PRESENTATIONS: Part I + 1/31
Notes & Part II
Classics 28: Classical Mythology, Spring 2008
GSI: Cai Thorman
Phone: 916 595 7232
Office Hours: M 4-5, F 1:30-2:30, or by appointment
Office: 359A Dwinelle
(101) M 2-3; 83 Dwinelle
(106) M 5-6; 105 Dwinelle
PART I: The First Presentation: Gods and Goddesses
-This first presentation should be 5 minutes long. There will be a timer, so
you won’t be able go over. Whatever has been said at the end of five minutes
-All members of the group should speak.
-Use lots of visuals. If you have electronic images, e-mail them to me by Saturday and I will project them for you. Tell me the order. If you have a useful handout and want copies made, bring it to my office hour the Friday before or e-mail it to me by Saturday.
-Gather your information from the assigned readings and sources (you can read ahead), and cite them (when helpful) in your presentation so that other students know where to look. I will post links and bibliography for image resources.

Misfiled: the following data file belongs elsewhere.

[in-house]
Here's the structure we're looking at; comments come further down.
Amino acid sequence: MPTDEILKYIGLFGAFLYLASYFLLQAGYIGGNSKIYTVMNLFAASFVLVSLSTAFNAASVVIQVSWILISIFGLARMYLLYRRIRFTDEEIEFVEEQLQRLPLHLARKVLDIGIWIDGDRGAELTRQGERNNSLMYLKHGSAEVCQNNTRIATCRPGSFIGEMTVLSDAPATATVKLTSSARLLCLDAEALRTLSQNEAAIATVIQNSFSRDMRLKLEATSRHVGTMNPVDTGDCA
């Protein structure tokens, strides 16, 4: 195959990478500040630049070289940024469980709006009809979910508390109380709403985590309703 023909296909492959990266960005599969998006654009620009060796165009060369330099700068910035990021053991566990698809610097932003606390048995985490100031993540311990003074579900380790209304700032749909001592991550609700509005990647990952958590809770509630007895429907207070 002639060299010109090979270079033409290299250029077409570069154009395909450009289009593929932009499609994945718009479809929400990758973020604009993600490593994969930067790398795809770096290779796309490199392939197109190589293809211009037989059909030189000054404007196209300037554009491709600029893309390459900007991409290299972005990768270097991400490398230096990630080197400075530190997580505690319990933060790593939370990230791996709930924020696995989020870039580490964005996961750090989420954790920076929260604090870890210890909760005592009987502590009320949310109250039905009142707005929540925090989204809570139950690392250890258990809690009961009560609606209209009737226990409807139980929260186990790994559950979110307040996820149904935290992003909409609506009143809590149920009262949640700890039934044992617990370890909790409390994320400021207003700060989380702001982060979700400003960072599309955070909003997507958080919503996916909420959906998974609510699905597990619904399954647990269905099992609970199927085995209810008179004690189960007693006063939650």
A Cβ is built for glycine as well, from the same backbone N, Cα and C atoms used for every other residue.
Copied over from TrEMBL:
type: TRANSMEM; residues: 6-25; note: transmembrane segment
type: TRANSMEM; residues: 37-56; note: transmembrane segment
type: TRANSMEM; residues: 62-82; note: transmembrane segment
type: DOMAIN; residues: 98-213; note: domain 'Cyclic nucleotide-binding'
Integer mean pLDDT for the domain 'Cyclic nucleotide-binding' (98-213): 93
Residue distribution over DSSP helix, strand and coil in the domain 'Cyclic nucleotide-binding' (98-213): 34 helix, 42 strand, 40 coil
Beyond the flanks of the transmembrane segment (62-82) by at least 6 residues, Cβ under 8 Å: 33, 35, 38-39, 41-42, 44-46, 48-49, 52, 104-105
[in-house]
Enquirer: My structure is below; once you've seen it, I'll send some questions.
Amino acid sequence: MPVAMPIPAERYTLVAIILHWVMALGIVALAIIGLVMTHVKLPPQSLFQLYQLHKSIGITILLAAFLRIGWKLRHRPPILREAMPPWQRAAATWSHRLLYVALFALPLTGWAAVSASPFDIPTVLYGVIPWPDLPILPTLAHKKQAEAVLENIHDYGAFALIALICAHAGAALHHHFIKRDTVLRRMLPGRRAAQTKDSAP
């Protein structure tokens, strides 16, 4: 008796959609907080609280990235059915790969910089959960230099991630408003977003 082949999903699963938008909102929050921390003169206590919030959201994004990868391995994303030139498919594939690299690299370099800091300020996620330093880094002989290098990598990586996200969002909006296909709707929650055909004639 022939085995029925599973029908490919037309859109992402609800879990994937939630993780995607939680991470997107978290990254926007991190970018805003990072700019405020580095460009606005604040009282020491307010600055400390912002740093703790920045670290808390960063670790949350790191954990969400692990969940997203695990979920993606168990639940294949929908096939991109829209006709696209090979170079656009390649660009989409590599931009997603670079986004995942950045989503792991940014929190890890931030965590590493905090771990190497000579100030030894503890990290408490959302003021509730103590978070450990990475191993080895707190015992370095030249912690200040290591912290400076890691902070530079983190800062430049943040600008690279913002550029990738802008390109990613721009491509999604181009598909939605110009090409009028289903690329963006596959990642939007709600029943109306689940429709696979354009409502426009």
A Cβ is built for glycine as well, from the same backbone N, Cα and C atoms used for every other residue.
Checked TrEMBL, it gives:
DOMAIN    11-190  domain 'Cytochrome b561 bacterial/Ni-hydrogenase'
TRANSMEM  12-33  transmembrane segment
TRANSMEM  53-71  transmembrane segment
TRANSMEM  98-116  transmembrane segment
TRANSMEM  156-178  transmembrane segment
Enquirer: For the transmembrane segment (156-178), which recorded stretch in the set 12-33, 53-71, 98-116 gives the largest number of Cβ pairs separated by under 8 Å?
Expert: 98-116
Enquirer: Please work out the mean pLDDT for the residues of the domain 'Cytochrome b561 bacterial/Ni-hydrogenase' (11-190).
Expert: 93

-Be very efficient, concise and pointed.
Your goal: To help us recognize and *know* (in images and literature) the god or goddess you are presenting.
1) Tell us the most essential things we should know about your god or goddess to understand his or her role in a) the Greek pantheon (or “family”) and b) the mythical stories we will be studying.
o Examples. Who is Zeus? What is his relationship to the other gods? Why is he important? What kind of things is he prone to doing? Why (if a reason can be discerned) does he do what he does? What seems to motivate him? What is his position in the divine hierarchy? Who can overrule him? How can he be outwitted? What is his personality? What are his proclivities? What happens when he does not do his job? What does he do for humans?
2) Teach us how to recognize that god or goddess in the a) imagery and b)
literature, if he or she is not named.
o E.g. What are Zeus’ attributes? What does he hold and what does he wear? How is he pictured? What are the characteristic scenes he’s shown in? What positions or activities is he shown in? How is he described? What phrases and epithets are used in poetry/literature to clue us in that he is being described?